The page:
Understanding armed conflicts

Armed conflicts remain widespread around the globe, yet their dynamics are poorly understood. The recent introduction and analysis of a simple model enables basic insights into how military characteristics and recruitment policies affect the dynamics of these situations. In particular, the model shows when stationary and periodic stalemates are possible and how initial conditions and interventions influence the outcome of a conflict.
Owing to the prevalence and complex nature of armed conflicts, the interest in mathematical models that endeavor to understand them has increased in the last decades. Armed conflicts often involve more than two groups, which typically differ in their military characteristics and recruitment policies. Consequently, traditional descriptive conceptual models are of little help.

The new model has already produced interesting results for a simple case–an armed conflict between a governmental group and a rebel group [1]. The model indicates that an eradication of the rebel group cannot always be guaranteed, but that, instead, stalemates arise that can be stationary or periodic. Secondly, the model shows how outcomes are contingent on initial conditions. Lastly, when a conflict is trapped in a periodic stalemate, the model also allows the groups involved to determine when stepping up their efforts would have maximum effect.

Example of dynamics that may result in a simple model of armed conflict among three groups. One group has the military characteristics and recruitment policies of a governmental army (red), while the other two groups are typical of rebels (green and blue). Over time (horizontal axis), the abundance of different fighters involved in this conflict (vertical axes) changes. At the time indicated by the black arrow, one of the rebel groups (blue) is attacked and eradicated, leading to a resurgence of the other rebel group (green) and its subsequent periodic stalemate with the governmental army (red).

It is generally believed that the outcome of complex conflicts involving rebels and governmental groups cannot be predicted, because data are generally too scarce and unreliable. The results obtained with the new model show that the truth may be even less convenient, as the dynamics among the fighting groups can be extremely sensitive to initial conditions and parameter values [1]. This suggests that the outcome of a conflict may be practically unpredictable, even if very rich data sets were available. This finding, which is common to many complex adaptive systems, challenges the enthusiasm toward data-driven decision making.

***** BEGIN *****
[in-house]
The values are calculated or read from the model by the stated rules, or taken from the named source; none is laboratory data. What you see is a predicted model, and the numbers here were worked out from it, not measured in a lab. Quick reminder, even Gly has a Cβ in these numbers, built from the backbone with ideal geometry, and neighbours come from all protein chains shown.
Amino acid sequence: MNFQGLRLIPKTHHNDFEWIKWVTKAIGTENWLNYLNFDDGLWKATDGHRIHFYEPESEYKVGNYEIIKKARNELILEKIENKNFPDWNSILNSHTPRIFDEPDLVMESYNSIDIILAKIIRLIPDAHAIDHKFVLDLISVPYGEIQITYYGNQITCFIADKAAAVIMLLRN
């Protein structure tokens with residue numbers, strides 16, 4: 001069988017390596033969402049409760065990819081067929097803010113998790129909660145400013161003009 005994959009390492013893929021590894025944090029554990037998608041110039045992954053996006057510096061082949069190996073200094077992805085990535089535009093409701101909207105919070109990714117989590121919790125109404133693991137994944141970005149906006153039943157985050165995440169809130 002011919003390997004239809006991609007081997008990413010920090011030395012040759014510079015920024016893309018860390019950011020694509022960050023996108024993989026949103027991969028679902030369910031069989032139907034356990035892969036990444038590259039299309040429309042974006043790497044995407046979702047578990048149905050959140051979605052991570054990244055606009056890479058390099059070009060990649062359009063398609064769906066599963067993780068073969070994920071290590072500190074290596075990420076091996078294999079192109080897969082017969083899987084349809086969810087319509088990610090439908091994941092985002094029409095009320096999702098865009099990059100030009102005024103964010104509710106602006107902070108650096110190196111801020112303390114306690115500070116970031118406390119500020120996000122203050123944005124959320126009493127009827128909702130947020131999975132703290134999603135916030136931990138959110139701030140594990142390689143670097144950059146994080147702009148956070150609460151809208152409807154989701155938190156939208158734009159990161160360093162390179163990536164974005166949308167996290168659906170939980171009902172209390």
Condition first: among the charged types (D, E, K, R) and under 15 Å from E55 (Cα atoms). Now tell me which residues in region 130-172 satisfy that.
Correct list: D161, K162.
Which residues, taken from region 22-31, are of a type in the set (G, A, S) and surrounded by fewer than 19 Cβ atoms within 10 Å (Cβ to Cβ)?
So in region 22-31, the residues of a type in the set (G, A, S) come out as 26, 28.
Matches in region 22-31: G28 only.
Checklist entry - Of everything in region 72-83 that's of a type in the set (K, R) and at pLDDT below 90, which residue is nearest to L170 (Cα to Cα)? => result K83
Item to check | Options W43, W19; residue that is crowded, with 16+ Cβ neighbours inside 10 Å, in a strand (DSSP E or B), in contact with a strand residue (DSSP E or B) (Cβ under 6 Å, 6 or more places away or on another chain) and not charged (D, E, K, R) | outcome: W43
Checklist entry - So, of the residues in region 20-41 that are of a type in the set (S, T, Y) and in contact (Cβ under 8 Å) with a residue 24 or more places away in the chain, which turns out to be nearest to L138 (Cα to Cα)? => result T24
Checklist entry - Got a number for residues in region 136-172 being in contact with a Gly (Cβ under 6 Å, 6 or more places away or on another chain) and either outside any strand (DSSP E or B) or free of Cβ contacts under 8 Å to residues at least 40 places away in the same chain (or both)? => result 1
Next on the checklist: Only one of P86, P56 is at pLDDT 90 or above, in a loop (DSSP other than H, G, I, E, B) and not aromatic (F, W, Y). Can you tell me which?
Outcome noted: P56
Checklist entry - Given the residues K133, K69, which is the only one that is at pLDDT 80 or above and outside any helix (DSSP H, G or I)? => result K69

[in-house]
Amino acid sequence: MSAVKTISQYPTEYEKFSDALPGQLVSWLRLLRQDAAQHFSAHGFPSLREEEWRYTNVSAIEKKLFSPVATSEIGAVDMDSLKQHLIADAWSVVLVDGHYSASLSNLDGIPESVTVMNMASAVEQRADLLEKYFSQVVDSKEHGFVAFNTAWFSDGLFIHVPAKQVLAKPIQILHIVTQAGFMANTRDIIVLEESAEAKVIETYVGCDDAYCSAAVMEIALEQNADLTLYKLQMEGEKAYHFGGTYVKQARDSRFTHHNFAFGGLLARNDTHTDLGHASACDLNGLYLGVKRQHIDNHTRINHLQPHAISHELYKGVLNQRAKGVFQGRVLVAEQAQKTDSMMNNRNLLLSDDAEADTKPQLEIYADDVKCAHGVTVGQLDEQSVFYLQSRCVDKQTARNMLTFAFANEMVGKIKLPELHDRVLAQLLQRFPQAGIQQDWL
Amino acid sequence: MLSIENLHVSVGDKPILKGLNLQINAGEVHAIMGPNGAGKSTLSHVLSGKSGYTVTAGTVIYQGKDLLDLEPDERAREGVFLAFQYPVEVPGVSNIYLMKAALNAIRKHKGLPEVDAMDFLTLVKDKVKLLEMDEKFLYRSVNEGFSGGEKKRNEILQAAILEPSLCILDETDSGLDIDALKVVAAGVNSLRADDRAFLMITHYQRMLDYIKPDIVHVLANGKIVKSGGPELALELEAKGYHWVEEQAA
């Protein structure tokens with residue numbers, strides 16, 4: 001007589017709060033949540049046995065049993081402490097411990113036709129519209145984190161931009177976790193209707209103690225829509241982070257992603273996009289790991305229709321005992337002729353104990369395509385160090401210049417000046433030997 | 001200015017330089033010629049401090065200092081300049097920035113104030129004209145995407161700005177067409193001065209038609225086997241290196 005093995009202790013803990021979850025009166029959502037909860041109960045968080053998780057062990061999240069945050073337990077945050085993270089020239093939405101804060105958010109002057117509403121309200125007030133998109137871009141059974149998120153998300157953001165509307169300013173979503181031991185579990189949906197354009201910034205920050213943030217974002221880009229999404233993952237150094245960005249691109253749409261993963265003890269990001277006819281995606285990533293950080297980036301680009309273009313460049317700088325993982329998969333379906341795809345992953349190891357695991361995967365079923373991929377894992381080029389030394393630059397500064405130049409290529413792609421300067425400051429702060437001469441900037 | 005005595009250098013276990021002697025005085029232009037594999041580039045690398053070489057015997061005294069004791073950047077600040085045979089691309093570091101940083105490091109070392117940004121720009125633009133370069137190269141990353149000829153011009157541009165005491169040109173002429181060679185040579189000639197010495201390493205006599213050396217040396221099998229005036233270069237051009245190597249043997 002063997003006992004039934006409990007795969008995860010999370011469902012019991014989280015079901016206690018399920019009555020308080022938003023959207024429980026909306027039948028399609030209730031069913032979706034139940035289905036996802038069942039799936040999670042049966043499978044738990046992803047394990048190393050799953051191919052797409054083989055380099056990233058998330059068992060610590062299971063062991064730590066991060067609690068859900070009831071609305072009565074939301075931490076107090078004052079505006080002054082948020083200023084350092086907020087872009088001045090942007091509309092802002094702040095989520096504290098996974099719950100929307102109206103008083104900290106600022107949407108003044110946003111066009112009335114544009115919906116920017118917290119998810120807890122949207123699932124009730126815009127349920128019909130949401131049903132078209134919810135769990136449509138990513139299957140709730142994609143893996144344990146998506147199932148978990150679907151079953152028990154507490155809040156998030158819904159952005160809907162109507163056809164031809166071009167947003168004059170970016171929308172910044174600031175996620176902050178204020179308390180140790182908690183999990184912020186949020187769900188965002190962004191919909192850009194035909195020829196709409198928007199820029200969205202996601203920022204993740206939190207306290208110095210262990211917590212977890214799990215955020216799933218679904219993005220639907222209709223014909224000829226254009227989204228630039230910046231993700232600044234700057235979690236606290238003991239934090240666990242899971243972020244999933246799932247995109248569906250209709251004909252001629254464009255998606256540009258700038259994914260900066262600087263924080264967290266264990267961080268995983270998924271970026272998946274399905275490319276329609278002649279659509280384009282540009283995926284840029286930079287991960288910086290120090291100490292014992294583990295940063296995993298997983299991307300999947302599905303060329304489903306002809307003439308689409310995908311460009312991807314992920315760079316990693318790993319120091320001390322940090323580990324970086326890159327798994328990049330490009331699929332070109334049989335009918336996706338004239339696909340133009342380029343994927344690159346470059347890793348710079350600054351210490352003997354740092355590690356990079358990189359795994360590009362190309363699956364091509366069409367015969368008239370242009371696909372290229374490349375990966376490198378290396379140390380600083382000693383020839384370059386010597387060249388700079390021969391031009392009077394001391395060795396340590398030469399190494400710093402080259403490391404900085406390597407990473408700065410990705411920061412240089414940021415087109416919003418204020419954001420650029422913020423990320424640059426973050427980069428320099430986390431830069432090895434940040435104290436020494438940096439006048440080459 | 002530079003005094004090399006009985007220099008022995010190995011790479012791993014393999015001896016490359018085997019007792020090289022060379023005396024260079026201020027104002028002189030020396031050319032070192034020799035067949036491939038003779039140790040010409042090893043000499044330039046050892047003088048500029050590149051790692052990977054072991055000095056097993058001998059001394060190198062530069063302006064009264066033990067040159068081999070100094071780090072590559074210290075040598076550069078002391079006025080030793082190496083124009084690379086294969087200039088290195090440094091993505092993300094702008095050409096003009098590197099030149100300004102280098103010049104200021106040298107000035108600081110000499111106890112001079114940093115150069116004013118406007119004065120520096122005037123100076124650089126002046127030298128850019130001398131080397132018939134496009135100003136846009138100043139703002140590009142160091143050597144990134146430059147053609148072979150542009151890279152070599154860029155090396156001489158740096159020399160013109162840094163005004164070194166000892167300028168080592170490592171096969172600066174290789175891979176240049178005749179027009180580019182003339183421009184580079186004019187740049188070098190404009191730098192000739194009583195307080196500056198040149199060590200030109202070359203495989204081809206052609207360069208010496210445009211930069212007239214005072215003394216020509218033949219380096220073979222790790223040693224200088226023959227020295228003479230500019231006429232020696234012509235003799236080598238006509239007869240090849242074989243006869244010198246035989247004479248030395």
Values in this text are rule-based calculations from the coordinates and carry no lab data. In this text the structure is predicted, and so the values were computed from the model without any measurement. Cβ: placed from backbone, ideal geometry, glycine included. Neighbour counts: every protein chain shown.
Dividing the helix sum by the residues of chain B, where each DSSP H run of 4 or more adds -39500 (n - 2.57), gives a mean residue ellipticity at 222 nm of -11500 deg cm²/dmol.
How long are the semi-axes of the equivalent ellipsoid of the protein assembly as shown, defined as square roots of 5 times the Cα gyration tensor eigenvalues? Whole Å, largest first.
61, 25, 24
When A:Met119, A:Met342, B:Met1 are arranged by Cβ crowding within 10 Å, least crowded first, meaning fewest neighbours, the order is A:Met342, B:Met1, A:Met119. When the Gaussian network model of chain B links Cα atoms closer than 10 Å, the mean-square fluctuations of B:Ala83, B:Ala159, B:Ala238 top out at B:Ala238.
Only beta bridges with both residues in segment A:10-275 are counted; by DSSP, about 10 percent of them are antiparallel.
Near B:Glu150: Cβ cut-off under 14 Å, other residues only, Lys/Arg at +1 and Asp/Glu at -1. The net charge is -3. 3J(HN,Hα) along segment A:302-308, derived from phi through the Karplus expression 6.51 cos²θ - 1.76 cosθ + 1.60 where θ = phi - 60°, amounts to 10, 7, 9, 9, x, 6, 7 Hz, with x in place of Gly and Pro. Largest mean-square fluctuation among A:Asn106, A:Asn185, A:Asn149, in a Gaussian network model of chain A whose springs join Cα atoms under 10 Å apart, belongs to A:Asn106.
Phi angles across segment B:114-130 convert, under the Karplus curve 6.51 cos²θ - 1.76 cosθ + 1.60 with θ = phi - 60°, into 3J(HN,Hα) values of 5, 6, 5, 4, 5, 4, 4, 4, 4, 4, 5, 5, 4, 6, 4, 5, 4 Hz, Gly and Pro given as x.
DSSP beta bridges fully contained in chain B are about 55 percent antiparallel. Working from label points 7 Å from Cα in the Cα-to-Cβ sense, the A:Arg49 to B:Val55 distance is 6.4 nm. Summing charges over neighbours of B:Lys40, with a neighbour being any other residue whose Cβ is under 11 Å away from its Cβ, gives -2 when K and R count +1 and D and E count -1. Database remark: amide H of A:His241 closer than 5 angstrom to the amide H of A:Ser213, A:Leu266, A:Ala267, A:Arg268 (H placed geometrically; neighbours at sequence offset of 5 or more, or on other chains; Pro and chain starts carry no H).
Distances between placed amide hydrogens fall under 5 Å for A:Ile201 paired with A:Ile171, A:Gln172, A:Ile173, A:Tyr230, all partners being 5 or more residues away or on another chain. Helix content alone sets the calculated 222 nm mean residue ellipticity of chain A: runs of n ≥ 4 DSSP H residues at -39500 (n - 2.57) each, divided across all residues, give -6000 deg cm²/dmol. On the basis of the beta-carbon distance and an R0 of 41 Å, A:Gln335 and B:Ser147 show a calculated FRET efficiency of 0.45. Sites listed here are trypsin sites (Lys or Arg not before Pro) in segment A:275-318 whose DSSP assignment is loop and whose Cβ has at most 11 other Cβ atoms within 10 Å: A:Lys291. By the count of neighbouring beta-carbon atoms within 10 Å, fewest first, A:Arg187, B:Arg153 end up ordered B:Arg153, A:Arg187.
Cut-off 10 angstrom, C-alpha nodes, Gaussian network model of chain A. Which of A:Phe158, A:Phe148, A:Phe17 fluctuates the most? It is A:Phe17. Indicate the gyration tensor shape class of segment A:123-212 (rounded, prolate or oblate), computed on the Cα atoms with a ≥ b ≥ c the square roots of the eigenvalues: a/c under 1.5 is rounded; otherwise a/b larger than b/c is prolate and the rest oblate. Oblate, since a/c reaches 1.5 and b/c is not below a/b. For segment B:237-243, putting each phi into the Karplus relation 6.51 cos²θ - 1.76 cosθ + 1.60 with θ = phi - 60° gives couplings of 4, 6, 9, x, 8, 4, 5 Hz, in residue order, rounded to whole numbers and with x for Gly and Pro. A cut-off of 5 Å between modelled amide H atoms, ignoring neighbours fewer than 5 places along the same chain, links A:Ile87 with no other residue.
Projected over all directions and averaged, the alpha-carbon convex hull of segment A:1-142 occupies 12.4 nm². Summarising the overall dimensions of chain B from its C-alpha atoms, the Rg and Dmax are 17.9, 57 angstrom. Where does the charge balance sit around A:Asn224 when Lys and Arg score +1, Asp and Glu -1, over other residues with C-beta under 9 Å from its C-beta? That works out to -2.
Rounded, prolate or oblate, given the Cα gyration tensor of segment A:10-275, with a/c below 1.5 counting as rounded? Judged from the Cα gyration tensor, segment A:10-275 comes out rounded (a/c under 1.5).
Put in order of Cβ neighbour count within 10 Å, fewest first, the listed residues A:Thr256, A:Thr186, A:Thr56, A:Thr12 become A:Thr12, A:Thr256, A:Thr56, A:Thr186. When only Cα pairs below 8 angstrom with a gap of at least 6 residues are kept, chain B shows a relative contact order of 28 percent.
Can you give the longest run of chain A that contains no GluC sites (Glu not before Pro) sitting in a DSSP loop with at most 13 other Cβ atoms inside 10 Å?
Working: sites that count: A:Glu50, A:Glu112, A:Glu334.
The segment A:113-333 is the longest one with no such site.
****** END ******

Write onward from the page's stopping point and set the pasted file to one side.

According to the researchers, the results obtained so far have proven to be robust. The same results are recovered in a simplified model in which governmental groups are assumed to be purely defensive (i.e., their recruitment depends only on sustained injuries), while rebel groups are supposed to be purely fanatic (i.e., their recruitment depends only on inflicted injuries).

Further research is needed to address important open questions. Some of these are more academic in nature, such as whether armed conflicts exhibit deterministic chaos, peak-to-peak dynamics, and chaotic intermittence, while others are of greater relevance to decision makers, for example, how the models can describe the effects of temporary coalitions or of changes in power and intelligence. Answering these questions requires combining a deep knowledge of case studies with expertise in the theory of nonlinear dynamical systems.

References

[1] Rinaldi S & Della Rossa F (2018). Conflicts among N armed groups: Scenarios from a new descriptive model. Nonlinear Dynamics: 92: 3-12.